Lucky Iron Fish: Help yourself, help someone else

If you are a living human woman (and if you aren’t living or human, cool, we’re finally reaching some outlier demographics in our readership!) it’s pretty likely you have, or have had at least a moderate iron deficiency. Especially if you aren’t eating lots of red meat and iron-rich veggies; our bodies get rid of iron monthly and we often don’t do much to replenish it, and iron deficiencies are NOT fun – they can make you anemic, tired, lethargic, even depressed and sometimes very sick. According to the Lucky Iron Fish website, iron deficiency effects some 3.5 billion people worldwide, and so Gavin Armstrong and his team decided to do something about it.

The small iron fish, initially developed by Dr. Christopher Charles (now on the Lucky Iron Fish board) and then redeveloped by Gavin Armstrong, is an adorable little implement that can be used in cooking to impart healthy levels of iron into your food. You just drop the fish into your boiling water (with some citrus to aid in iron absorption) for ten minutes, then take it out and continue on with your cooking. The fish lasts for five years, and has been developed according to extensive international standards testing for quality and safety.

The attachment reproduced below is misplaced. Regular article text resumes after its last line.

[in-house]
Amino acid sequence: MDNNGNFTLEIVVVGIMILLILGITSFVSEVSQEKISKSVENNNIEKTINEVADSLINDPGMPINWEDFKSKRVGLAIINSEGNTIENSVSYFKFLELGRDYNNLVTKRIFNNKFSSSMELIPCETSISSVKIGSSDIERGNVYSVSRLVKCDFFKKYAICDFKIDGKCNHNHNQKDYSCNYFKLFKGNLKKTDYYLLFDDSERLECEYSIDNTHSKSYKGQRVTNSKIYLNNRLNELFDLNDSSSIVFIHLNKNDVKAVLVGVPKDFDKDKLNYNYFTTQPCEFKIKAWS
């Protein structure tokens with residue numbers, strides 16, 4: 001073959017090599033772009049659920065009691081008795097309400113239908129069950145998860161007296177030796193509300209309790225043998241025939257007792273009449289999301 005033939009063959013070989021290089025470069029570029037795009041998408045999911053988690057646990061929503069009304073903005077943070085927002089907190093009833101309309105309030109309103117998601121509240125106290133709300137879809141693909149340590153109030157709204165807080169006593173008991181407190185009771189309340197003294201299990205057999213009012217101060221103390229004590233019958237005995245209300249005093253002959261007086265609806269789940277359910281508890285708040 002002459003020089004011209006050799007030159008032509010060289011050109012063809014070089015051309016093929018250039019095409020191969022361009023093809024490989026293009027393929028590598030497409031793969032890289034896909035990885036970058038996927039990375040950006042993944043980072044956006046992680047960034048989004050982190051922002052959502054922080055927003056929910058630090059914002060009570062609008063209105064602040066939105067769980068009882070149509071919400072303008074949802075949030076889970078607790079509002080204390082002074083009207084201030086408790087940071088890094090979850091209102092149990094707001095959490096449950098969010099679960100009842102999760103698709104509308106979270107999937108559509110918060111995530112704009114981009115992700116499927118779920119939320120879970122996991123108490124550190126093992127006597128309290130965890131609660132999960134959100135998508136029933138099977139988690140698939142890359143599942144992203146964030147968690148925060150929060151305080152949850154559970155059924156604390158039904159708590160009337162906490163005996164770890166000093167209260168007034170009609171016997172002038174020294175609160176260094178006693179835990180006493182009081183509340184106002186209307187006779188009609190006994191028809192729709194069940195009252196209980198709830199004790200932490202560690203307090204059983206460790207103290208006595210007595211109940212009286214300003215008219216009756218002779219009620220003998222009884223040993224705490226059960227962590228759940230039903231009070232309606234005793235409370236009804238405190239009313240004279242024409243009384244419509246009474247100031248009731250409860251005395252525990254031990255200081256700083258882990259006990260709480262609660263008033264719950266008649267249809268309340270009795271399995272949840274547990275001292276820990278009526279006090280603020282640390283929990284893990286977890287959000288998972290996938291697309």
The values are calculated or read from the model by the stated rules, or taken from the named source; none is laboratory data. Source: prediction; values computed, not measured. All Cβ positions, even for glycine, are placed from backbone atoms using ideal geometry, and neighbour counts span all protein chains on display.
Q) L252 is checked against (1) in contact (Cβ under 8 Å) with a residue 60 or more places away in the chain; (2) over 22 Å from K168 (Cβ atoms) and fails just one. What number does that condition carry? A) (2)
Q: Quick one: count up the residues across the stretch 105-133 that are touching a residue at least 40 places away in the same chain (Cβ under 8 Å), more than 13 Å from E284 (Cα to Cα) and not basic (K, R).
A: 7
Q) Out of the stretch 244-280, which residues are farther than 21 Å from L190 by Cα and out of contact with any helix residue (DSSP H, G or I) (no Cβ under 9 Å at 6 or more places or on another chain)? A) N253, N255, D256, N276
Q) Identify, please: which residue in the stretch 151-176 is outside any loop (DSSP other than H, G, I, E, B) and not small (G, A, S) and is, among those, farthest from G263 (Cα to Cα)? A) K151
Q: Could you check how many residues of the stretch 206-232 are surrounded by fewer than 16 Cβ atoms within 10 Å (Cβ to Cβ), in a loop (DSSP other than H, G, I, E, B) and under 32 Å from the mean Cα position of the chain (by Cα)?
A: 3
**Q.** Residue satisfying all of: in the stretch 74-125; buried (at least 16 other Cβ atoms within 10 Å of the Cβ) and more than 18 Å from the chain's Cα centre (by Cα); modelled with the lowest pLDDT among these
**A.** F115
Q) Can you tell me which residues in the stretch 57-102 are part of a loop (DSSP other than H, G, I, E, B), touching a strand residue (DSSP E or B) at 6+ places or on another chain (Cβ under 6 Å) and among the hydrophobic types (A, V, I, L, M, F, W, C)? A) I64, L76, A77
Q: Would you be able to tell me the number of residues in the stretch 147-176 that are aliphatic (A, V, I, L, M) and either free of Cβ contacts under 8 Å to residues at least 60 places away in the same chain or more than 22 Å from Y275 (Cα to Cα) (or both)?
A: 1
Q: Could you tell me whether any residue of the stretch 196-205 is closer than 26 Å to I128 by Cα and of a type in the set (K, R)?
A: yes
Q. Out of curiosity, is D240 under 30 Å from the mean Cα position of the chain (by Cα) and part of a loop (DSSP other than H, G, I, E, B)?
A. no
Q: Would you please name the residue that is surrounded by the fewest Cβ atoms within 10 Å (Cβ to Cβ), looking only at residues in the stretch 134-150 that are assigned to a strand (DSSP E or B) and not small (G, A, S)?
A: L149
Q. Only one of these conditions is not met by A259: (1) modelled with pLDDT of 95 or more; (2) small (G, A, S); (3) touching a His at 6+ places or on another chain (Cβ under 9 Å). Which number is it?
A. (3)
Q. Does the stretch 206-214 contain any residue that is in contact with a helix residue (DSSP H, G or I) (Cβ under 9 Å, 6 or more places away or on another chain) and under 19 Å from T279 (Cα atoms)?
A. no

I’ve always been pretty proud of my iron levels; doctors were always impressed that my iron was so high “for a girl,”  at least until I told them about the quantities of red meat I consumed. These days, I’m eating a little less red meat, and I’m not exactly a huge fan of spinach—nor do I feel like taking an iron supplement everyday. Using this fish is as easy as dropping it into the pot before I make my stew.

Iron deficiency is a major issue in Cambodia, so team has dedicated their resources not only to helping the people there by providing one lucky fish to a family for every one we buy, but also by develop their product there, creating jobs.  In a study of families in Cambodia, after nine months of using the Lucky Iron Fish everyday, there was a 50% decrease in clinical iron deficiency anemia, and an increase in virtually all user’s iron levels. Pretty impressive. And the fish is a symbol of luck there, hence the cute design. luckyironfish

I’ve ordered one, and I think these would make a great gift to yourself or someone you care about. I spoke with Gavin, the CEO, on the phone, and after a week officially in business, they sold out of their stock and the Lucky Iron Fish are now on backorder – a great sign that folks are paying attention. I think this could make a great addition to anyone’s kitchen, and you’re helping out others too. What’s not to like?

For more info, or to buy your own Lucky Iron Fish, visit their website.

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